The Trump administration is expected to announce that Stephen M. Hahn, MD, chief medical executive and professor of radiation oncology at The University of Texas MD Anderson Cancer Center, is the next FDA commissioner, according to reporting by The Wall Street Journal.
The term of acting commissioner, Ned Sharpless, MD, expires Nov. 1. But if Hahn is nominated, Sharpless could stay on at the FDA until Hahn is confirmed by the Senate.
Hahn earned his medical degree from Temple University in Philadelphia and completed postgraduate training at the National Cancer Institute and the University of California, San Francisco, according to MD Anderson Cancer Center’s website. He has won awards from multiple medical societies, including the Radiological Society of North America and American Society of Radiation Oncology, and has co-authored at least 30 research papers, many of them on non-small cell lung cancer, the website states.
Hahn is an “interesting” choice for the top job at the FDA, Raymond March, PhD, research fellow at the Independent Institute and director of FDAReview.org, told Healio Primary Care.
“He is a good physician and would be a strong fit to head the NIH, a variety of cancer research centers or even the Veterans Affairs,” March continued. “He doesn't have a wealth of experience heading agencies with regulatory power and he has comparatively much less clinical research and experience than the others who were up for consideration. To manage the FDA, those are critical. Picking a commissioner on what I consider largely politicized public health issues tells me a lot about the influence of politics on medical care.”
Robert Freeman, PhD, a former professor of pharmacy administration at the University of Maryland's Eastern Shore campus, said some stakeholders had hoped “acting” would someday be removed from Sharpless’ title.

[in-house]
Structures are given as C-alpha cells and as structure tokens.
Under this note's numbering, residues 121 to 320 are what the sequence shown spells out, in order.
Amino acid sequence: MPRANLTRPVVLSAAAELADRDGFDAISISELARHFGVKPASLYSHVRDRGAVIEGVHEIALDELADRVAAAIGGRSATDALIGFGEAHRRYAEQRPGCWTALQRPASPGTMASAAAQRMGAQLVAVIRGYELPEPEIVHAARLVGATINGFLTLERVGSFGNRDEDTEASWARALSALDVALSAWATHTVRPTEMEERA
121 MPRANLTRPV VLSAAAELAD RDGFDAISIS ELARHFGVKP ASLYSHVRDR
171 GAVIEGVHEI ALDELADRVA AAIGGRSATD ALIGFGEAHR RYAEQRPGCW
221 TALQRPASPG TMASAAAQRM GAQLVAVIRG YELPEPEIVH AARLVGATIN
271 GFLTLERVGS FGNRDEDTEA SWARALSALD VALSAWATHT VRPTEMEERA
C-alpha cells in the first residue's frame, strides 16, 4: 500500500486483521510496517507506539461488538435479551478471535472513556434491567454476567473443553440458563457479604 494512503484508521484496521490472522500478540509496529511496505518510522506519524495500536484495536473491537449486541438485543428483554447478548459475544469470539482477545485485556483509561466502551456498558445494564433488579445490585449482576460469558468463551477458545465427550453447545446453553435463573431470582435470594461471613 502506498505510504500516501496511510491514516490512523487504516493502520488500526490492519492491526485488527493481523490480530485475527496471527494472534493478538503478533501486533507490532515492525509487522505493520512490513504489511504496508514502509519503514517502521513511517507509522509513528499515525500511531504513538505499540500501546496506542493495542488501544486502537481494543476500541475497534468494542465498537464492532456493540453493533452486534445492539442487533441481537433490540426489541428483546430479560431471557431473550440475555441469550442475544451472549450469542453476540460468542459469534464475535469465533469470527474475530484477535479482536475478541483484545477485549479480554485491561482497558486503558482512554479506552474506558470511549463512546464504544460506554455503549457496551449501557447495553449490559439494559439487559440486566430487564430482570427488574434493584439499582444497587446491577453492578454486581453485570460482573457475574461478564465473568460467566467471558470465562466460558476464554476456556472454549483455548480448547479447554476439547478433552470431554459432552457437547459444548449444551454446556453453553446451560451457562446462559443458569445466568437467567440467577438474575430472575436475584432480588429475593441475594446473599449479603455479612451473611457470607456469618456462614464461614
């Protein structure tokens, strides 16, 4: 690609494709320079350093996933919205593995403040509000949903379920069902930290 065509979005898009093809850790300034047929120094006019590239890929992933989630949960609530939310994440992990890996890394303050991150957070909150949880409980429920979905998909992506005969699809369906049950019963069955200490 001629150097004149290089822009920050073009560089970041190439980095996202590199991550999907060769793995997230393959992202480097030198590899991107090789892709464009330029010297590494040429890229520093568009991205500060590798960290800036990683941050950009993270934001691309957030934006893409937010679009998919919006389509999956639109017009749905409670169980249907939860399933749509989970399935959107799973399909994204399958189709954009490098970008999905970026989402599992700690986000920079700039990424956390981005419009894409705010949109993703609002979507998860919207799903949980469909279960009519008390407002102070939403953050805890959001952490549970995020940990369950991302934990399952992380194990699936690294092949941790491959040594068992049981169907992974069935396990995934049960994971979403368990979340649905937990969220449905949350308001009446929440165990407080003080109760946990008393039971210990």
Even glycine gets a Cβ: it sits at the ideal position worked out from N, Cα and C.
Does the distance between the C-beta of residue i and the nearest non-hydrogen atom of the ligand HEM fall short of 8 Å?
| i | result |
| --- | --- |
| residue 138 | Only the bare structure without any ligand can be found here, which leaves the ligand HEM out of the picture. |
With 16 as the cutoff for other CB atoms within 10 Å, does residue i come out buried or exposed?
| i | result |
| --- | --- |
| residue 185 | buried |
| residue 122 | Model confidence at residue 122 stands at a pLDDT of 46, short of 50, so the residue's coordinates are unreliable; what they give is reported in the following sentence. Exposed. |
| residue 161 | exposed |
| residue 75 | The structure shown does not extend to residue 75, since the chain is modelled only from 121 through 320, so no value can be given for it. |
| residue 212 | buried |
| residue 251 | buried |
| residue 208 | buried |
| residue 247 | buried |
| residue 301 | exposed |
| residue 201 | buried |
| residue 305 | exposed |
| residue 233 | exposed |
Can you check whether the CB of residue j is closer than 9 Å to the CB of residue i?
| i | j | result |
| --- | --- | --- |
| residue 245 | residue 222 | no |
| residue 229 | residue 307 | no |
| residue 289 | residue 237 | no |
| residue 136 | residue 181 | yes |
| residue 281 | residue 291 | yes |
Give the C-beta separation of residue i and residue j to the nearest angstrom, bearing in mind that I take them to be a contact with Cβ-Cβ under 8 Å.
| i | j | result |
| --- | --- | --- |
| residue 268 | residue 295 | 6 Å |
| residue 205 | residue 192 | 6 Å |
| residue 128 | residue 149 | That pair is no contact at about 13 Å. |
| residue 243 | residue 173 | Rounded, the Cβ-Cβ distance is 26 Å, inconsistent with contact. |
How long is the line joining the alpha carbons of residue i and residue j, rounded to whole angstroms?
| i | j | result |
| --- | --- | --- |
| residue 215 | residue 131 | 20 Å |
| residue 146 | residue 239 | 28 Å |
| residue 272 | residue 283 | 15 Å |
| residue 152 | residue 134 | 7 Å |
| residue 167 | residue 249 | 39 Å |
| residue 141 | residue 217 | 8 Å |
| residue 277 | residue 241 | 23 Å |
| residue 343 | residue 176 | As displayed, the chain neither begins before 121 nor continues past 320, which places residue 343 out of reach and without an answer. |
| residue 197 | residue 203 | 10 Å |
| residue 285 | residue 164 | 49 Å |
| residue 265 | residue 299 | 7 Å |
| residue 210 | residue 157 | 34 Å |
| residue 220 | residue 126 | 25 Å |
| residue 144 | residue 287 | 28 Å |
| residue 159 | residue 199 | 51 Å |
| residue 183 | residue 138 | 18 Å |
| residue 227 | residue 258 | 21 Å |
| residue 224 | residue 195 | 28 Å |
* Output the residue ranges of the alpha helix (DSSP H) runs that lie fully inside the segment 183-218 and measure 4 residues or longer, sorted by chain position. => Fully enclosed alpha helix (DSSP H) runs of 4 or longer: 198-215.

“[Hahn] didn't appear to be the choice of the FDA's various stakeholders and is basically an academic administrator, which in and of itself not a major disadvantage given the complexity and bureaucratic nature of those organizations. He's a long-time Republican donor, so I suppose that's attractive to the administration,” Freeman said in an interview.
He added that responsibilities tied to the lung injuries that have been linked to vaping could potentially take up the bulk of Hahn’s, or potentially any FDA commissioner nominee’s, time.
Although not familiar with Hahn, Arthur Caplan, PhD, founding head of medical ethics at the New York University School of Medicine, told Healio Primary Care that any FDA commissioner nominee “will need to quickly secure trust of patients, industry, FDA staff and Congress.”
“Sharpless has done a very solid job as acting commissioner,” Caplan continued. “He secured the support of many experts, government officials, prior FDA commissioners and patient advocates to become the permanent commissioner. He understands research, government policymaking and kept a steady hand on the tiller at the FDA.”
The White House and HHS did not respond to Healio’s request for confirmation of The WSJ report prior to this story’s posting. – by Janel Miller
Disclosures: Healio Primary Care could not confirm relevant financial disclosures at the time of publication.